Sometimes these expectations are clear, but what if they haven’t been said aloud and agreed upon? In my experience this ambiguity leads to misaligned expectations and in turn the sort of unfortunate outcomes mentioned above. I address this by asking questions that might seem silly in my mind and by stating my understanding of our shared expectations aloud. I’ve found others often have the same questions so they end up being not so silly after all. When stating shared expectations I talk about next steps, who is accountable for them, timelines, and expected communication cadence. This gives others a chance to correct our shared understanding. I also ensure decision makers are explicitly onboard with the plan and timeline, not just initially but also throughout the product process, even if the plan does not change. This is important because even if my team’s plan doesn’t change, the plans of adjacent teams or the company might change, and that could affect the relative priority of my work. Another mistake I’ve made in the past is assuming a lack of response to an update was the same as continued approval. I now like to ask for explicit confirmation or feedback on updates so I can work to address concerns if needed.
With everyone on the same page, we shared the plan with our engineering team and asked if they could meet the timeline. This was mid-day on Tuesday. It was critical to have their okay on the plan because they were the ones that would make the changes we had in mind. They said yes, and we told our stakeholders we were good to go. We were now accountable for the work and the timeline. This wasn’t about taking blame if we failed so much as having an understanding of our goals, and knowing we needed to share progress and roadblocks along the way. We gave regular updates on our progress, which in this case was at least twice a day given the nature of the work. We also shared new decisions we made knowing we could adjust later if needed.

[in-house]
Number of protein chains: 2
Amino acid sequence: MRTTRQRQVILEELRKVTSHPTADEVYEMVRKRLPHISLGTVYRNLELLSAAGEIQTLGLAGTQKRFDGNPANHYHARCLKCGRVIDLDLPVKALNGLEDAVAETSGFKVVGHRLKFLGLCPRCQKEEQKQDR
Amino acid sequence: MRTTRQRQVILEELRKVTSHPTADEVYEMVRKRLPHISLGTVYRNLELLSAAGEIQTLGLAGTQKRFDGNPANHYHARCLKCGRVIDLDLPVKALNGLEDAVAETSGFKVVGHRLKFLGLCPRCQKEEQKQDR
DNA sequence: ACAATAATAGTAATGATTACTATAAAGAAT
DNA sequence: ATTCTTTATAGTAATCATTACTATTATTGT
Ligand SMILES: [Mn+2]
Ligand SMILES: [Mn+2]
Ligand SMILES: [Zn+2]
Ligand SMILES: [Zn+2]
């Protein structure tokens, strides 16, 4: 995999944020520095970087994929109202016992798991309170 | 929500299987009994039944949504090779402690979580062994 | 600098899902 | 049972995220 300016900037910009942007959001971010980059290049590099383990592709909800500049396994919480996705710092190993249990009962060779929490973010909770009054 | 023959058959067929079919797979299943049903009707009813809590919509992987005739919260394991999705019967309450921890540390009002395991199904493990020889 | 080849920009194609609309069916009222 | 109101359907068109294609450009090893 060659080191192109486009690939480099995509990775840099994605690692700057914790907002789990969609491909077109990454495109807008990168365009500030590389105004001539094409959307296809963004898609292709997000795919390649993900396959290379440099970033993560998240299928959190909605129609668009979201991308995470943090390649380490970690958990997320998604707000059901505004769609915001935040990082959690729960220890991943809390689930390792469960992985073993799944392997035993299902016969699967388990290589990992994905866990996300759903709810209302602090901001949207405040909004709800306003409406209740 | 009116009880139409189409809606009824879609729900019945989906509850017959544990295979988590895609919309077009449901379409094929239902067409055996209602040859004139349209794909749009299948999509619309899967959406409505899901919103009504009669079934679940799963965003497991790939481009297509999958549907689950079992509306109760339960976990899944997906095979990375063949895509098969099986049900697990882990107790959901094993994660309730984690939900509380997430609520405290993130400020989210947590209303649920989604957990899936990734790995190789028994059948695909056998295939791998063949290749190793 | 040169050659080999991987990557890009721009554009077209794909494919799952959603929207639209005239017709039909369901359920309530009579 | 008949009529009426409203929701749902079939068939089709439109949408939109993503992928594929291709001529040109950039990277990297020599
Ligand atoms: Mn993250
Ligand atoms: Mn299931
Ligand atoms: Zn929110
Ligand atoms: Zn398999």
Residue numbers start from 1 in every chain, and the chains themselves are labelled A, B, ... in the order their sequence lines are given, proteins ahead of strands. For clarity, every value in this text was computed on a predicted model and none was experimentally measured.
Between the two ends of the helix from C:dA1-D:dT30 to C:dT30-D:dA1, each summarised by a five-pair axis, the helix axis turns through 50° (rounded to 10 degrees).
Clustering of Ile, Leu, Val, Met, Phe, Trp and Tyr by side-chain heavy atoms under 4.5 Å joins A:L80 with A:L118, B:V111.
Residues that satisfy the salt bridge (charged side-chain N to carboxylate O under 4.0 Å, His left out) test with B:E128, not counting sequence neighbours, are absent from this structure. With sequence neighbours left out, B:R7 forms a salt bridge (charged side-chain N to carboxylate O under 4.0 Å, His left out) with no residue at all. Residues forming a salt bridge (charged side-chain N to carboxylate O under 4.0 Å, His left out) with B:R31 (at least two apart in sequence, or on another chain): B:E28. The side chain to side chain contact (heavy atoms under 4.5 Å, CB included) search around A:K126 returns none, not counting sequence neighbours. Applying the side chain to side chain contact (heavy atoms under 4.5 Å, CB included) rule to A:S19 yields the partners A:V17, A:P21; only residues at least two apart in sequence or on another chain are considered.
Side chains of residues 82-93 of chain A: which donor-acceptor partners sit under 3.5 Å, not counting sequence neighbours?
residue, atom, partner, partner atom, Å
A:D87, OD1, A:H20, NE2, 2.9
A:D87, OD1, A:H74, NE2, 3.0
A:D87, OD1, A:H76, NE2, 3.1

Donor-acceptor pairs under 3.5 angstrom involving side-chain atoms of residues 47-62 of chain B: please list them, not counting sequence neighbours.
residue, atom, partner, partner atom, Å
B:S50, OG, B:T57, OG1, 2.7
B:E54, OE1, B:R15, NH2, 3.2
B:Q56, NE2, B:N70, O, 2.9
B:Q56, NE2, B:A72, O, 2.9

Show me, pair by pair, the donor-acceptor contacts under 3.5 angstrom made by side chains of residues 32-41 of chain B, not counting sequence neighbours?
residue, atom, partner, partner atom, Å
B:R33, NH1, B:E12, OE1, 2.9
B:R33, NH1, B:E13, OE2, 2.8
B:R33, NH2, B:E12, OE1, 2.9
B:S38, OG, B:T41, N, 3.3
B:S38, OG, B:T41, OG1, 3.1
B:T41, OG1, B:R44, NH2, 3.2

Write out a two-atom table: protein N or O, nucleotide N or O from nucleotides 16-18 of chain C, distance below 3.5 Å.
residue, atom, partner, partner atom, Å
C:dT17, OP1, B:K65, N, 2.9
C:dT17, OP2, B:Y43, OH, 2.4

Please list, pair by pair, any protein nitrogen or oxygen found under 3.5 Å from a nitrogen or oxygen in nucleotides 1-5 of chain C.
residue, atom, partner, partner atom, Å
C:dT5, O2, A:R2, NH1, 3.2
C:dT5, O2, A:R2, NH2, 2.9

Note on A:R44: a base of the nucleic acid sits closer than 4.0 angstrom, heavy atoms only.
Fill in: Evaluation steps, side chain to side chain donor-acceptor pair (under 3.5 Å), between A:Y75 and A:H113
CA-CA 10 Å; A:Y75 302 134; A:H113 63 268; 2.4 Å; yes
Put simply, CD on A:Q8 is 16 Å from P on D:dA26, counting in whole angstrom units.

We’ve talked about how to get everyone on the same page, but we haven’t talked about how to keep them there. That entails communicating with people based on their role with some regularity. Here I ask myself what information the people I’m communicating with need to do their job and how often they need it. In other words, it’s not enough to “manage upward” — you need to manage communication in every direction.
For instance, a high level decision maker likely doesn’t need to know every detail of my team’s project, but they probably want to understand whether progress is being made, whether it will ship when they expect, and if we need help. Our updates to decision makers on this project were on the order of a few bullet points, which we followed by answering any questions they had. Peers might expect more detailed updates relevant to their role.
I mentioned we shared updates at least twice a day on this project, but communication cadence depends on the circumstances. I think about sharing updates at a cadence that keeps my work top of mind, but not so often that I’m not conveying meaningful progress. The idea is to make sure stakeholders don’t feel out of touch with your work. Knowing you’re making progress also helps when it comes time for them to shelve projects that aren’t working out.
You made it all the way to the end of this post so I suppose you want to know how the story ended: we shipped on time with happy stakeholders and our change met the goals we set in our plan.